The 53-year-old, who won 15 caps between 1993 and 1995 and has been a rugby writer for Scotland On Sunday and The Scotsman for 13 years, was a quintessential one-club man who played his whole career with the Exiles club after winning two Blues for Cambridge University.
As well as an international class openside he was a talented sevens player who was part of the London Scottish team which won the Middlesex Sevens in 1991. Morrison was part of the Scotland team which famously won in Paris in 1995 – a first victory in the French capital since 1969 – and played in the 1995 Rugby World Cup in South Africa.
Morrison said: “I played for one club all my adult life after leaving university and had a blast in 13-odd seasons at London Scottish.
“I turnedout for the first, second and, on one occasion, the third XV. We specialised in the short game and we would on occasion meet our own second seven in the final of an end-of-season sevens competition. We won the London Floodlight sevens five times in succession and we won the Middlesex Sevens for the first time since the 1960s when the largely English crowd got behind the underdogs, cheering us to victory over a star-studded Harlequins side.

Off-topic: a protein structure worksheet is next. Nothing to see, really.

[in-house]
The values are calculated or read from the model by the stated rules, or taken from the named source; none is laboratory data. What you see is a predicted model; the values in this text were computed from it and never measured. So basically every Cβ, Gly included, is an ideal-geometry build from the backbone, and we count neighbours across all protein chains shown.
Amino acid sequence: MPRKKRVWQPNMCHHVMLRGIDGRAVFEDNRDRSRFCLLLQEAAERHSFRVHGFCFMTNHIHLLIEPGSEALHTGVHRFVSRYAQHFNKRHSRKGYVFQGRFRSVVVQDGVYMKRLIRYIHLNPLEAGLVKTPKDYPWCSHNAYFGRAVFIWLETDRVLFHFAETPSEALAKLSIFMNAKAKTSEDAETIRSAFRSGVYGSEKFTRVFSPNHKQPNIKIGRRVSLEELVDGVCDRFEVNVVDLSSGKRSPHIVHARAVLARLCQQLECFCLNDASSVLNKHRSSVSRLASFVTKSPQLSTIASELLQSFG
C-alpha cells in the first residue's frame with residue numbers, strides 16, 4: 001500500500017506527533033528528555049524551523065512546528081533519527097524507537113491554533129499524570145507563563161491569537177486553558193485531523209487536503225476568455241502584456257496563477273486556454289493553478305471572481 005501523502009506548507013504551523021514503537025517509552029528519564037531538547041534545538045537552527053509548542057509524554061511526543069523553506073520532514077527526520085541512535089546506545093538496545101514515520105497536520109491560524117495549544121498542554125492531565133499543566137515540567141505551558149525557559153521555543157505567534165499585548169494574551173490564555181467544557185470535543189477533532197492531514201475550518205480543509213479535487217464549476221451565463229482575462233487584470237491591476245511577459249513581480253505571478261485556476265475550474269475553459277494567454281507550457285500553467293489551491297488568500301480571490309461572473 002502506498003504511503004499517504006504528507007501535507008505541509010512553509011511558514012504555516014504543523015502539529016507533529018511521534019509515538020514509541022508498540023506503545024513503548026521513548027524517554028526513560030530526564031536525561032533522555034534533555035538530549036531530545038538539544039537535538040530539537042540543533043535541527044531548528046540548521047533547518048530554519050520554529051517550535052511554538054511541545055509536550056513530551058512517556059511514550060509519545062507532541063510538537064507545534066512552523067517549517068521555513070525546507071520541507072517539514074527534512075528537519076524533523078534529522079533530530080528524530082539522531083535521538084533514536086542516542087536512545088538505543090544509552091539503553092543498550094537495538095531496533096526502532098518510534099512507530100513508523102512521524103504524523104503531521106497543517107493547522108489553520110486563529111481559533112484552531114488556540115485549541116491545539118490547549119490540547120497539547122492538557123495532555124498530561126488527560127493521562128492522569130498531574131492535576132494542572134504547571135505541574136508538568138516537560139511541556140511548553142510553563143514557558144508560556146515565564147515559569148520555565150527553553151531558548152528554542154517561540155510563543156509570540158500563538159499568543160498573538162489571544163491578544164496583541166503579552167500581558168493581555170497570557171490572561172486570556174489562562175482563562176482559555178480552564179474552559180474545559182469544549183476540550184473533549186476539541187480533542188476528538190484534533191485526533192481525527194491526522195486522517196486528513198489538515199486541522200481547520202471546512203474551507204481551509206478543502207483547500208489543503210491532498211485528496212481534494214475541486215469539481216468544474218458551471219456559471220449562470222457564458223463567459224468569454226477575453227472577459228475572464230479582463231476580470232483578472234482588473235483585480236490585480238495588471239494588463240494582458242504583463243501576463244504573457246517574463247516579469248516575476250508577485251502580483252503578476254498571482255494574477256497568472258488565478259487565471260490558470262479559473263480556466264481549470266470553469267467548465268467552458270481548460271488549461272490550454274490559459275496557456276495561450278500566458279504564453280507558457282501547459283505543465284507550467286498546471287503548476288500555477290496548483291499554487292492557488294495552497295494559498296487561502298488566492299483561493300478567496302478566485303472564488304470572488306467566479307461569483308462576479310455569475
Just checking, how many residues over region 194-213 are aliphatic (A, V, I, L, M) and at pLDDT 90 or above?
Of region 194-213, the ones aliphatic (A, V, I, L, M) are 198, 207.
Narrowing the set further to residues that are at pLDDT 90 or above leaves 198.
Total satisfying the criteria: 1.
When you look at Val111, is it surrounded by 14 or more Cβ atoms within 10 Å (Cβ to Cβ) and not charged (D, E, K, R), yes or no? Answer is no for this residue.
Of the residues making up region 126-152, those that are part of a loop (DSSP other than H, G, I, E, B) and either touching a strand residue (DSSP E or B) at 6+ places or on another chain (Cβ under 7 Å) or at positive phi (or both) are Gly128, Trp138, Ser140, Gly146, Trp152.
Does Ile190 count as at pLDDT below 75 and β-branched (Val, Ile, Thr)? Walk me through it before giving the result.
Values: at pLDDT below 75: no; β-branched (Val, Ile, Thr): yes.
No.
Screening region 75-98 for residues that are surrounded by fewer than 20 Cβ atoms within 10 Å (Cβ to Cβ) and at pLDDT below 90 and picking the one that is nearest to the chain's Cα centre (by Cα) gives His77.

“I have many happy memories of the Athletic Ground and am hugely proud to take my place in the club’s Hall of Fame alongside some great names.”
Morrison, who also captained the Barbarians against Leicester during his career, returned to coach the London Scottish VII for a spell after retiring.
He will be inducted at Gaucho in Piccadilly alongside another London Scottish legend, Mark Bright. The guest speaker will be Sean Fitzpatrick, who captained the All Blacks in Morrison’s last Test – the 1995 World Cup quarter-final.